If he can't control himself at a walk...There is no way he can control himself at a run.
Since a lot of what I am working on, on myself is keeping my butt in the saddle and using my body and legs and lightening up in my hands, I realized just how much I have been holding Moon up going to the first barrel, pulling him around it and then over-riding getting into the 2nd barrel. Ding, ding, ding!!! Moon doesn't have a 2nd barrel problem...*I* do!!! LOL...That is exactly what Ed Wright told me too. LOL...I never said the man was wrong...I just said, that some of the stuff he had me thinking I needed to do was too much. ;-)
I started implementing the turnaround technique the trainer showed me in the areas where Moon is not carrying himself correctly. I think we made a 100 turnarounds the first day, just trying to get TO the first barrel. We probably did another 100 just attempting to get around the first barrel in a soft and rounded manner. Every time Moon would lose his frame, we'd stop and do a turnaround...or 2...or 5...however many it took for him to soften in the face, lift that ribcage up and engage his hindquarter. And then we would go around the barrel again...and again...and again. That first day, Moon was pretty determined he was going to just keep doing it the way he was comfortable doing it.
I've always heard that you should never turn a horse around, into the barrel pocket....but the more I worked on it with Moon, the more I realized that is exactly what a lot of horses that don't want to hold their frame need. All of this arcing away and counterbending?...All we are doing is pushing their ribcage OUT. Not UP like it needs to be. So what we are really teaching them is how to push their ribcages out, which enables them to drop their shoulder in and once that shoulder is dropped, they can get their face away and make that turn however they want to.
By picking up on the inside rein, asking for a little inside bend and then pushing Moon over from the outside, I am able to get his ribcage lifted up and his shoulders mobile again, so he had to round up and drive forward. He is figuring out that he needs to stay lifted up, round and driving through the entire turn AND maintain it as he is leaving the turn. And BTW...It has me keeping my butt down and using my legs more. I'm riding with as light of contact as I can, but Moon still needs a little help holding his frame, but I'm only using my fingertips to encourage him to stay soft in the face and using my butt and legs to squeeze him forward and encourage him to keep his energy driving forward. I swear, the first 3 days, I had to constantly remind myself to stretch through the calf, keep my heels down and create energy with my lower body again. There IS a direct correlation between my picking my heels up and clutching with my legs and Moon losing impulsion. Duhhhh!!! I know you dressage and english people know that one by heart. ;-)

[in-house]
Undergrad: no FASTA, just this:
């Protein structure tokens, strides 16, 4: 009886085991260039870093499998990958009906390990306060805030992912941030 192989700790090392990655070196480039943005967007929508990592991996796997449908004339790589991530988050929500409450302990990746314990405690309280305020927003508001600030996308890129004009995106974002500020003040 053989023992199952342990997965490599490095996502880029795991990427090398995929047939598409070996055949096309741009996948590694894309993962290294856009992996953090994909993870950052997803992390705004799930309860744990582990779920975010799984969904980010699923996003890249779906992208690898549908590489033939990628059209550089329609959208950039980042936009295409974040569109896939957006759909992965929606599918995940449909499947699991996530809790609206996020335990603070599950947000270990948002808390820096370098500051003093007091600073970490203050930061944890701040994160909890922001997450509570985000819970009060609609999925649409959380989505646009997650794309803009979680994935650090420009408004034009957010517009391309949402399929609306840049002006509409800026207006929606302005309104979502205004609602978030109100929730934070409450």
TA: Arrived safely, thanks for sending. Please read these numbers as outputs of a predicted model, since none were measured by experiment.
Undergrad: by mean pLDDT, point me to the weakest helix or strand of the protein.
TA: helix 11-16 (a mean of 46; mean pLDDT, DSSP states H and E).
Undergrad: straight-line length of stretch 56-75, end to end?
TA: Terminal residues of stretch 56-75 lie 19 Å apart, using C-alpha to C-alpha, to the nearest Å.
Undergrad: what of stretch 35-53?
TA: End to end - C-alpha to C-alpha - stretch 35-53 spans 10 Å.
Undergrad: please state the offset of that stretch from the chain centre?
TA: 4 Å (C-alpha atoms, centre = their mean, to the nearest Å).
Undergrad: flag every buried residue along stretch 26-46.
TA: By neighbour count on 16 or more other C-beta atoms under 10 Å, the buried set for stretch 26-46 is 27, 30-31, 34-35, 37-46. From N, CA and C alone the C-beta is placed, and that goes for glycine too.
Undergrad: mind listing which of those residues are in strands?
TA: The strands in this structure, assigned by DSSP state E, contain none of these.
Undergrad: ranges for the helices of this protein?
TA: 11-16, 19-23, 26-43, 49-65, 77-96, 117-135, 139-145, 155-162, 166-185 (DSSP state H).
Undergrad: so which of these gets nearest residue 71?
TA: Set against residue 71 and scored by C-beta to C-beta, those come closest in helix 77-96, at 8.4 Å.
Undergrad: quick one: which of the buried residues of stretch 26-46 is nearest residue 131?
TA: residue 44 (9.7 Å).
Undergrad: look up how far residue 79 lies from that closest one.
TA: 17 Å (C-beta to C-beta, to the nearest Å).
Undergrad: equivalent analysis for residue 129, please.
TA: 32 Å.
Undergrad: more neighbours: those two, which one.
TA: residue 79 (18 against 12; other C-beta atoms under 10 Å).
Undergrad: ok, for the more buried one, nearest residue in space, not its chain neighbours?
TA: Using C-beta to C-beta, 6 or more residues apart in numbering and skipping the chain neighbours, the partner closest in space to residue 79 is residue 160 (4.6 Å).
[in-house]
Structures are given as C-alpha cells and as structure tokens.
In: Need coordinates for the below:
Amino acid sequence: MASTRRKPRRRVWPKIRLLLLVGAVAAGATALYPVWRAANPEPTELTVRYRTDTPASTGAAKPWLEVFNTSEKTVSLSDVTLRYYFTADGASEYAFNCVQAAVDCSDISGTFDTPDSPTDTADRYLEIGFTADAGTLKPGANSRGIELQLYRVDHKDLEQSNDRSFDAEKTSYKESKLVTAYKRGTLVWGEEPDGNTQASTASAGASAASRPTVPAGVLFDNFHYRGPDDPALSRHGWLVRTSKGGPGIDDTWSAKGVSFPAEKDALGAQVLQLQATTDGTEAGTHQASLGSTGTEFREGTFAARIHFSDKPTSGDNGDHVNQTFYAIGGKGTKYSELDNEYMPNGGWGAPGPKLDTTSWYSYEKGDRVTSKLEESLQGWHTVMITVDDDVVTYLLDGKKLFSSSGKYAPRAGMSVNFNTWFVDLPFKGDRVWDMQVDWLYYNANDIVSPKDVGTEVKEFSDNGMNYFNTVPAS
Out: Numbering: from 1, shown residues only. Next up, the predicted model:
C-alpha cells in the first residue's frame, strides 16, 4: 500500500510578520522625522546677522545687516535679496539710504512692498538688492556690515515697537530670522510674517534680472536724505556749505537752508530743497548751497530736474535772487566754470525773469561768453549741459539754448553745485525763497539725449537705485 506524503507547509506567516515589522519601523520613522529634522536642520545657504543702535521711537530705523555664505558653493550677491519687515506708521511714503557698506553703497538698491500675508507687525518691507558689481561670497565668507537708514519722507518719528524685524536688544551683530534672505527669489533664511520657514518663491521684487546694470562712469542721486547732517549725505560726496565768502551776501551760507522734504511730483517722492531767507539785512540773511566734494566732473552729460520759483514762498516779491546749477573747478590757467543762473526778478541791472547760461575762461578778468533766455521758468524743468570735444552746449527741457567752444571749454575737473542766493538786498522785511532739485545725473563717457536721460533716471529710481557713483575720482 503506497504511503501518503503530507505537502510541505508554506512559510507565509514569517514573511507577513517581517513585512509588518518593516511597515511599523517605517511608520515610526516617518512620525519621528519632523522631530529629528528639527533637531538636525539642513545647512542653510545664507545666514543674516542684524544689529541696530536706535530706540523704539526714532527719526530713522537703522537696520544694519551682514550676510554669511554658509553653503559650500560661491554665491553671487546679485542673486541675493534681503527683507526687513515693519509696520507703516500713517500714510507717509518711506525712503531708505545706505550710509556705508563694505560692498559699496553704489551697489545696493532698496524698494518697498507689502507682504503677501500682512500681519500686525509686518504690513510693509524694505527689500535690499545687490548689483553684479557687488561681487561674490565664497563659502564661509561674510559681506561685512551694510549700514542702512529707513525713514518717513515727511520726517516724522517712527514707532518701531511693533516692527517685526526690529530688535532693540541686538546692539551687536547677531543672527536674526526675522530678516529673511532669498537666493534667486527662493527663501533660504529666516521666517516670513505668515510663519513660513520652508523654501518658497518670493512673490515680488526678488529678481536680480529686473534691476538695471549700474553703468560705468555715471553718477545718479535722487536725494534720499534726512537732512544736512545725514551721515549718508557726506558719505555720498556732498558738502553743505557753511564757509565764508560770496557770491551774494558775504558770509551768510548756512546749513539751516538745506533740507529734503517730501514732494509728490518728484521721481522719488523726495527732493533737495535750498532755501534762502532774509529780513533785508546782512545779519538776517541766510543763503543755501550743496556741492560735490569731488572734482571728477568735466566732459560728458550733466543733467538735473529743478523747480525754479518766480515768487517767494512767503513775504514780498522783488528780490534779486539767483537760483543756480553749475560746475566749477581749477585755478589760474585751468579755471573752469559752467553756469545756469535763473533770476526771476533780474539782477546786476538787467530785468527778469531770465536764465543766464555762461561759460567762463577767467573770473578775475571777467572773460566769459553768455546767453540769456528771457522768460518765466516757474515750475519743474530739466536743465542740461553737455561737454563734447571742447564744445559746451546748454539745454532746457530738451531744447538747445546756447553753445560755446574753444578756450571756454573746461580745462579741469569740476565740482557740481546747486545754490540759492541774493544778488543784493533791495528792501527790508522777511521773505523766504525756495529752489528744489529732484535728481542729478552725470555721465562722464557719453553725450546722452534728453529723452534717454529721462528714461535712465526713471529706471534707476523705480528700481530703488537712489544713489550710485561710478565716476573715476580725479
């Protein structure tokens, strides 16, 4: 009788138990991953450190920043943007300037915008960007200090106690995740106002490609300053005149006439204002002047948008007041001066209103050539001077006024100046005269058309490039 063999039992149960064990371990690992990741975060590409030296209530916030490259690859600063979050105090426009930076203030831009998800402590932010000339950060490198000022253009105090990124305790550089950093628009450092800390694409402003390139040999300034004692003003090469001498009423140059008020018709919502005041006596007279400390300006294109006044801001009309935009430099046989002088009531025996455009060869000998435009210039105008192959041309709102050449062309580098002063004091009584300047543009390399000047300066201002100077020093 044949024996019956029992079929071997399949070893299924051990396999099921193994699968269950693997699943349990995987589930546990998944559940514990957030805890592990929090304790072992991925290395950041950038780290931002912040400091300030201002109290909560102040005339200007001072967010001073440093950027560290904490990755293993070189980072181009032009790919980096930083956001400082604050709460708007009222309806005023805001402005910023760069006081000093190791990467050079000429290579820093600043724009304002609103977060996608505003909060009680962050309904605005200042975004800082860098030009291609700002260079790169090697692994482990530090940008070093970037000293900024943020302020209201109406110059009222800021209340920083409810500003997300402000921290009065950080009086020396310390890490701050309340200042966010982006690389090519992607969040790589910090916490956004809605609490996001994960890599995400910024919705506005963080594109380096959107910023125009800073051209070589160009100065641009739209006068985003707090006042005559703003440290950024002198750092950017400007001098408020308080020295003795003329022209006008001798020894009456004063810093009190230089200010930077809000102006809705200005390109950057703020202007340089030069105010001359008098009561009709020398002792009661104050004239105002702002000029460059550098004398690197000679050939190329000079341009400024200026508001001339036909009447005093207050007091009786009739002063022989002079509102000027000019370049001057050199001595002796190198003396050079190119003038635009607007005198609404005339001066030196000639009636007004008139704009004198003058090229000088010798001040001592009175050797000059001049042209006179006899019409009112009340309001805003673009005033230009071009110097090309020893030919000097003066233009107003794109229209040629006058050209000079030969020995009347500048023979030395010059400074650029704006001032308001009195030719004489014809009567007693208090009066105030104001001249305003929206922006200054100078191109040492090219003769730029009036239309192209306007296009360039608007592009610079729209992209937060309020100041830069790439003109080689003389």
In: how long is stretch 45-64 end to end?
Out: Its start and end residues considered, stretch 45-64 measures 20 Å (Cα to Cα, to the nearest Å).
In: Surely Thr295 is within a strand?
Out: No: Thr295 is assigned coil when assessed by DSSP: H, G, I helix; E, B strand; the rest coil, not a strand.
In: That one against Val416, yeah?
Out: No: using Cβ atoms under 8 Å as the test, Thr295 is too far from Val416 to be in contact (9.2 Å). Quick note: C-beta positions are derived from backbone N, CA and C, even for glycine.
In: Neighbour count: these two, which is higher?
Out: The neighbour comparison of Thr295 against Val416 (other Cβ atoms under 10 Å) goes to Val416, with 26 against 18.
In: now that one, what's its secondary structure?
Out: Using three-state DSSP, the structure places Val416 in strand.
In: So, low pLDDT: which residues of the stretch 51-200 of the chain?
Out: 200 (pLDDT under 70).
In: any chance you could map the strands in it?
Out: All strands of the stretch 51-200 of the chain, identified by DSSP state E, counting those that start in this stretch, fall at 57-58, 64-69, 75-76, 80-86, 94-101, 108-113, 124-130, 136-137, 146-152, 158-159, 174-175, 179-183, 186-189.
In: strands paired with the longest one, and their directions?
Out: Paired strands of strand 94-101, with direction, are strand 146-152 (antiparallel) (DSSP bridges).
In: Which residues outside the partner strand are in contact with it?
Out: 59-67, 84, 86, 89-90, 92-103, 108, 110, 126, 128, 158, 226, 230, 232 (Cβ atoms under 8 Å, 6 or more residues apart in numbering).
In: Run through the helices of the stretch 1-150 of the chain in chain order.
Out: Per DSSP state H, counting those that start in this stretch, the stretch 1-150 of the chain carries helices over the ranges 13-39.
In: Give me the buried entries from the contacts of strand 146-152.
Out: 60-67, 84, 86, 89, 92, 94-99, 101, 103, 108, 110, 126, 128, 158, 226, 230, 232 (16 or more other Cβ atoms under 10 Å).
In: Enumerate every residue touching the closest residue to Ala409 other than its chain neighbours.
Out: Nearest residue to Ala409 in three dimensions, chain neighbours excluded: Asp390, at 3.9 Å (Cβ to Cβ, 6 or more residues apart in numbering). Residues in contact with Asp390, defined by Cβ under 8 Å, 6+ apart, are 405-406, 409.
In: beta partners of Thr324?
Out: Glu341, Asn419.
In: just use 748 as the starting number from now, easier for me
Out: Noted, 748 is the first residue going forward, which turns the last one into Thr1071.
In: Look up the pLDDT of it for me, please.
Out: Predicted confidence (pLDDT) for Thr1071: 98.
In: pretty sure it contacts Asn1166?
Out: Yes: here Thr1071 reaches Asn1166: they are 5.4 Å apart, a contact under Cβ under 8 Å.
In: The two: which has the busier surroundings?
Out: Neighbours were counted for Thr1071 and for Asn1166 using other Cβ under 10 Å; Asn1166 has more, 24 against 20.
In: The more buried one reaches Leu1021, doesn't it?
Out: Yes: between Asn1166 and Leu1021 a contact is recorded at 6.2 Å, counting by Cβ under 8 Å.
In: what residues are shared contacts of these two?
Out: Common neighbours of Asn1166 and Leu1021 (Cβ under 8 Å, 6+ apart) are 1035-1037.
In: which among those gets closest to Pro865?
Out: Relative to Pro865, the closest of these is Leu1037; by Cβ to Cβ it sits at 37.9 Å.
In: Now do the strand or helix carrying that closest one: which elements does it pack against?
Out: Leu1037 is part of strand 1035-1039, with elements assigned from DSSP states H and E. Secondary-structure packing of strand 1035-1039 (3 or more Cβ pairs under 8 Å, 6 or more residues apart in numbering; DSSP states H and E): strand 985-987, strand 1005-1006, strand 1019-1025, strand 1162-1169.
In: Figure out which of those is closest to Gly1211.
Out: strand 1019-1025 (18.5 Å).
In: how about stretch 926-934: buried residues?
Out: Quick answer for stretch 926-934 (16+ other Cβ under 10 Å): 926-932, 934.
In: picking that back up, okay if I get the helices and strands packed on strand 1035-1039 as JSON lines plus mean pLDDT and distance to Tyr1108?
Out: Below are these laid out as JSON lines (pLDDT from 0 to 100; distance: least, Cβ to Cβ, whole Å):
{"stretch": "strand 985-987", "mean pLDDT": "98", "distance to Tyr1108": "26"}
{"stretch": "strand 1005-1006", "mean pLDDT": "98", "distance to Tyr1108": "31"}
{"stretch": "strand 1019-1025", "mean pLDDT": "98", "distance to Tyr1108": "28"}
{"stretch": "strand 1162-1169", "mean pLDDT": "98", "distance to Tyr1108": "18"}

I do want to note...I never once used the word 'collection', when describing all of this. Moon is the king of artificial collection. That horse can tuck his chin, suck his neck in and shorten his stride like nobody's business...and it has impressed a lot of the local barrel racers. LOL. However... He's totally faking it. When he does that, he's not using his neck, has no lift in his ribcage, no roundness in his back and totally lacks impulsion. It looks 'pretty' to the uneducated eye (and I see a lot of girls trying to duplicate it-Hahahaha)...but it's irritating as hell to me, when he does that and what I am really asking him to do is completely different. There is one lady who knows the difference, she's an Olympic level rider and I have talked with her about it once or twice and her suggestion was to get him on some cavalletti...So I'm finally getting around to building my cavalletti. What I am hoping to do is get Moon doing some free-work in the round pen over them, so it's not always ME being the one asking him to do the work. I'm hoping that if he has to work on it on his own as well that it will eventually become more natural for him. Insight/suggestions on that aspect are welcome... ???